I also don't think it's really the anxiety that you have about guarding thats causing guarding. AND personal opinion, I think it was a little bit rude of the trainer to show off like that with your dog.
1. It was risky
2. If it worked, it only served to make you feel bad

But seriously, don't take it personally. Like you said it's a different dynamic between you and you dog and the trainer and your dog. Your dog has a different history with your trainer than you. You are a wonderful dog mom whose doing the best they can. Good on you for getting a behaviorist.
 

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Discussion Starter · #71 ·
Yeah don't punish guarding. The humane society switched to a positive method and now work on positive reinforcement methods that gain trust and have a specific protocol for it. They've seen the percent of dogs rehabbed through the protocol something like 93% (not sure of actual numbers I can't find the study).

I also don't think it's really the anxiety that you have about guarding thats causing guarding. AND personal opinion, I think it was a little bit rude of the trainer to show off like that with your dog.
1. It was risky
2. If it worked, it only served to make you feel bad

But seriously, don't take it personally. Like you said it's a different dynamic between you and you dog and the trainer and your dog. Your dog has a different history with your trainer than you. You are a wonderful dog mom whose doing the best they can. Good on you for getting a behaviorist.
I really appreciate your insights! Thank you. :)

And our trainer has become a dear friend. So no ill feelings there at all. This was a social setting and she was just helping us to prevent a dangerous resource-gulping situation. But she’s also never actually seen Peggy guard from a human and was probably interested in seeing how she’d react. (Beautifully, apparently! Ha!)
 

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Discussion Starter · #74 ·
Sounds like you have a great trainer!!
She’s wonderful. Too bad our classes have been shut down for almost a year now. :( When possible, she’s done a few puppy sessions. And I think she’s helping people with severe cases. But day-to-day training has been largely unavailable around here.
 

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She’s wonderful. Too bad our classes have been shut down for almost a year now. :( When possible, she’s done a few puppy sessions. And I think she’s helping people with severe cases. But day-to-day training has been largely unavailable around here.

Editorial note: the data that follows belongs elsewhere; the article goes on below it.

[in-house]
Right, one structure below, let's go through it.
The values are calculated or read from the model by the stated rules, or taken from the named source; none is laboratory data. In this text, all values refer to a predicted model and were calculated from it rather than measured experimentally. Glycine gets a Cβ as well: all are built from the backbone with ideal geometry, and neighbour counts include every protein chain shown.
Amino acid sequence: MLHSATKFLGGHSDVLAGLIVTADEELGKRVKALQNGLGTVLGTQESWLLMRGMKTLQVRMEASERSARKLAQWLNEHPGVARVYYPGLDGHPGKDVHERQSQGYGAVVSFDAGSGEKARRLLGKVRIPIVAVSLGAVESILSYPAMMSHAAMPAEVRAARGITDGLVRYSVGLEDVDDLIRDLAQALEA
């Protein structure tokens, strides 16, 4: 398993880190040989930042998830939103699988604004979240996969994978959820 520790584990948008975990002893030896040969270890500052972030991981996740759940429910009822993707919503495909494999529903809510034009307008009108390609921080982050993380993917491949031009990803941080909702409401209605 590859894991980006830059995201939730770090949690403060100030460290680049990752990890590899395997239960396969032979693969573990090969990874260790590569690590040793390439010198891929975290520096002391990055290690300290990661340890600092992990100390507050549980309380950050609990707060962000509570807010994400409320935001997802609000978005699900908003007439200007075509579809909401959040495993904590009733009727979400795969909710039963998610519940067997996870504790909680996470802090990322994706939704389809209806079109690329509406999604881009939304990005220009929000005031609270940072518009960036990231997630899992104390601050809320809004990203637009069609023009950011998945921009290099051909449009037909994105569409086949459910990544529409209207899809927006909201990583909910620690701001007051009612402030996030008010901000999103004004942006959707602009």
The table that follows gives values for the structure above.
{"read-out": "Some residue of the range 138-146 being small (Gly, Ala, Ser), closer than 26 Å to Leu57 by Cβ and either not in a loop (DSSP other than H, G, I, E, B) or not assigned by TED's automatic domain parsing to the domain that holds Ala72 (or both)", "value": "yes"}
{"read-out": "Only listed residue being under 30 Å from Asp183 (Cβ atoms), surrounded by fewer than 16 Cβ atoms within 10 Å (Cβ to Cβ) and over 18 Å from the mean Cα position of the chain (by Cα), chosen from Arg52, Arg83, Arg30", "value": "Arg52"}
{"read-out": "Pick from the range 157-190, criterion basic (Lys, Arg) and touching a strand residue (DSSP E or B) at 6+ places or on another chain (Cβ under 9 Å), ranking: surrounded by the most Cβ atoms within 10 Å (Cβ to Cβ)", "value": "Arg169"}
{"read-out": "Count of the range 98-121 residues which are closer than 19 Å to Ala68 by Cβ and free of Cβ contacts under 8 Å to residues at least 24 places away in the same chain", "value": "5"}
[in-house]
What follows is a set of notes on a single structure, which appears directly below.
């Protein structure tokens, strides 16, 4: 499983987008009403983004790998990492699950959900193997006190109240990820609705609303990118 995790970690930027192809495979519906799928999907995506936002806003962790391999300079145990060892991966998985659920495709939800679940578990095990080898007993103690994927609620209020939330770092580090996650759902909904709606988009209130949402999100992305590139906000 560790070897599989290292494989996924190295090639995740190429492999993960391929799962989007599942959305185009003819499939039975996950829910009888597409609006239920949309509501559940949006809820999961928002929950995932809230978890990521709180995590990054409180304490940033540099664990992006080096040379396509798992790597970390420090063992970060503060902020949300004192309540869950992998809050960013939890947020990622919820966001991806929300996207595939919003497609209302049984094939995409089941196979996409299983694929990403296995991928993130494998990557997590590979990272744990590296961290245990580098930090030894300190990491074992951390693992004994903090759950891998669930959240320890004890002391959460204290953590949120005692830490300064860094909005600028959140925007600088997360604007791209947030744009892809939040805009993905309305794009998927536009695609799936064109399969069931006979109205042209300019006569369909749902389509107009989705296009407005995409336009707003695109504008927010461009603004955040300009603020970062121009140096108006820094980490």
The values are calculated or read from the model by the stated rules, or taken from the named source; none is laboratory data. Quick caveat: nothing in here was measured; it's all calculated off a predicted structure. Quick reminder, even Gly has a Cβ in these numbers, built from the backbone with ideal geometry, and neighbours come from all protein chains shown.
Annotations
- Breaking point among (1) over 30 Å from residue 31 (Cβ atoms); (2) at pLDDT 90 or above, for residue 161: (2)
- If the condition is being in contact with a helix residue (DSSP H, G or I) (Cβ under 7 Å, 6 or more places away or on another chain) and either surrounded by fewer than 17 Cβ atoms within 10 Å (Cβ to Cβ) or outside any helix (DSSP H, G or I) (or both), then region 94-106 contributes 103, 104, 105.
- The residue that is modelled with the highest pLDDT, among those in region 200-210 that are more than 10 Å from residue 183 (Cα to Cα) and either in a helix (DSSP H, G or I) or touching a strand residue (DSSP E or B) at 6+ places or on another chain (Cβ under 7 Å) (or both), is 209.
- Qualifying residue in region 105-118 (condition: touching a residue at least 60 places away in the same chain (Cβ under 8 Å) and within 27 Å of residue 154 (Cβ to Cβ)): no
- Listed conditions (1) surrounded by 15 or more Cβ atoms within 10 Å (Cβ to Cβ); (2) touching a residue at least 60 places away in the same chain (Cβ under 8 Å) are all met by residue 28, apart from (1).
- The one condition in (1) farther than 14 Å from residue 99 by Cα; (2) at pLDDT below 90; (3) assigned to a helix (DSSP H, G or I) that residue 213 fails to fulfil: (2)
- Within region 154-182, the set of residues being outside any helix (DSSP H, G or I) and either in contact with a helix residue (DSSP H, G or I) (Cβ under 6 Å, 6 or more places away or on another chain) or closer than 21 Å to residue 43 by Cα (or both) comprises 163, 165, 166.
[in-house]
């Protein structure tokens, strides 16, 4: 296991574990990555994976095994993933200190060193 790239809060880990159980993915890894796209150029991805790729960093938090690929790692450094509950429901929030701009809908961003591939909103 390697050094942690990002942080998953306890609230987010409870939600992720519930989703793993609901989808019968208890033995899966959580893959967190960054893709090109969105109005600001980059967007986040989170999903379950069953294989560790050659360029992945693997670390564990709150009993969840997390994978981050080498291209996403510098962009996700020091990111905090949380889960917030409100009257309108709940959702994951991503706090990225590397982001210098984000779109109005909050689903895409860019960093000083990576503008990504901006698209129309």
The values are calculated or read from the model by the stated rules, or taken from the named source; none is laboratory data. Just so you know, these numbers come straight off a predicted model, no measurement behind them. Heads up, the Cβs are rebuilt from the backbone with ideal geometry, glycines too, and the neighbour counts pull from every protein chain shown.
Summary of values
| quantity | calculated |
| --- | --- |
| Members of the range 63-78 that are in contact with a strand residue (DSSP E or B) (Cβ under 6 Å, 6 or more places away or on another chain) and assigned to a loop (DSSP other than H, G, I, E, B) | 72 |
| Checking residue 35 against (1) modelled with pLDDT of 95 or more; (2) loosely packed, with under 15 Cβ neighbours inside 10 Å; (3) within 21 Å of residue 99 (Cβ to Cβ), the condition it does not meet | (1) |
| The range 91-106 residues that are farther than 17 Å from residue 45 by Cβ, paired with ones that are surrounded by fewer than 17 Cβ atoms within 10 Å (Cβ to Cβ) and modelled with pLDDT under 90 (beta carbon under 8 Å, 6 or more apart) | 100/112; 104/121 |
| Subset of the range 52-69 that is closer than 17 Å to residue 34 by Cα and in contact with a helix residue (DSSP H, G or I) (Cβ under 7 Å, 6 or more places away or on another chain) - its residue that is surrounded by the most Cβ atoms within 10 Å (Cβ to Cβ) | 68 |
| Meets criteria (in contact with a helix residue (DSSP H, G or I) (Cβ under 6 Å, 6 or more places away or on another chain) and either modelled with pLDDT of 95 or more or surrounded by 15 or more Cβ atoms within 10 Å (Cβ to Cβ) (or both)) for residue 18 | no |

Where are you from?
 

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Discussion Starter · #76 ·
Where are you from?
We’re in Washington state. Some trainers have shut down altogether. Others switched to remote teaching and consultation. Some, like ours, have adapted—rolling with each new set of requirements, opening and closing as mandated, etc.—but it’s exhausting. I don’t blame anyone for triaging the needs of their human and canine students.
 

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Discussion Starter · #78 ·
Well I guess I won't be running into you anytime soon being 3000 miles away!
Well, I’m originally from 3,000 miles away. :) Toronto, Canada. I don’t make my way back there nearly as often as I’d like. Hoping to change that post-covid.
 

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Discussion Starter · #79 ·
Really lovely Peggy moment today, but maybe a stupid human moment? She was lounging on the ottoman and I went over to say hi. I noticed she was holding something in her mouth, and—without even thinking—I tucked my fingers inside and pulled out a small piece of packing tape. Realizing what I’d done, I fluttered it around a bit, turning my “rude” behaviour into a game, and then walked away.

When I came back, the tape was just sitting on the ottoman next to her. I picked it up again, played with her a little, and then she batted it onto the floor and curled up for a snooze.

475018


I don’t know why she didn’t guard this treasure from me. I wish I could see the nuances of these moments through her eyes.

The other day I left her snoozing on the bathroom floor while I took a shower, only to realize I’d accidentally dropped a sock next to her. For 15 minutes she’d been ignoring that sock, and when I reached for it, she didn’t even bat an eye.

Is the resource guarding protocol working? Is she simply growing up? Or are these situations somehow less emotionally charged for her?
 

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Discussion Starter · #80 ·
Today I heard a banging sound while I was making dinner. I ignored it for a while, thinking my husband was throwing a ball for Peggy. But nope. She somehow had gotten her mouth on a new hardcover book and was flipping it in the air and watching it hit the ground, over and over and over again.

I had to get quite close to see what it was. It was a very strange sight, and my brain couldn’t quite understand what was going on at first.

So what did she do as I approached?

She looked up eagerly and stepped away from the book. 😭

This is exactly the response that our current RG protocol is intended to foster—a dog who looks up from a treasure with anticipation rather than anxiety.

Just doing a little happy dance over here. :)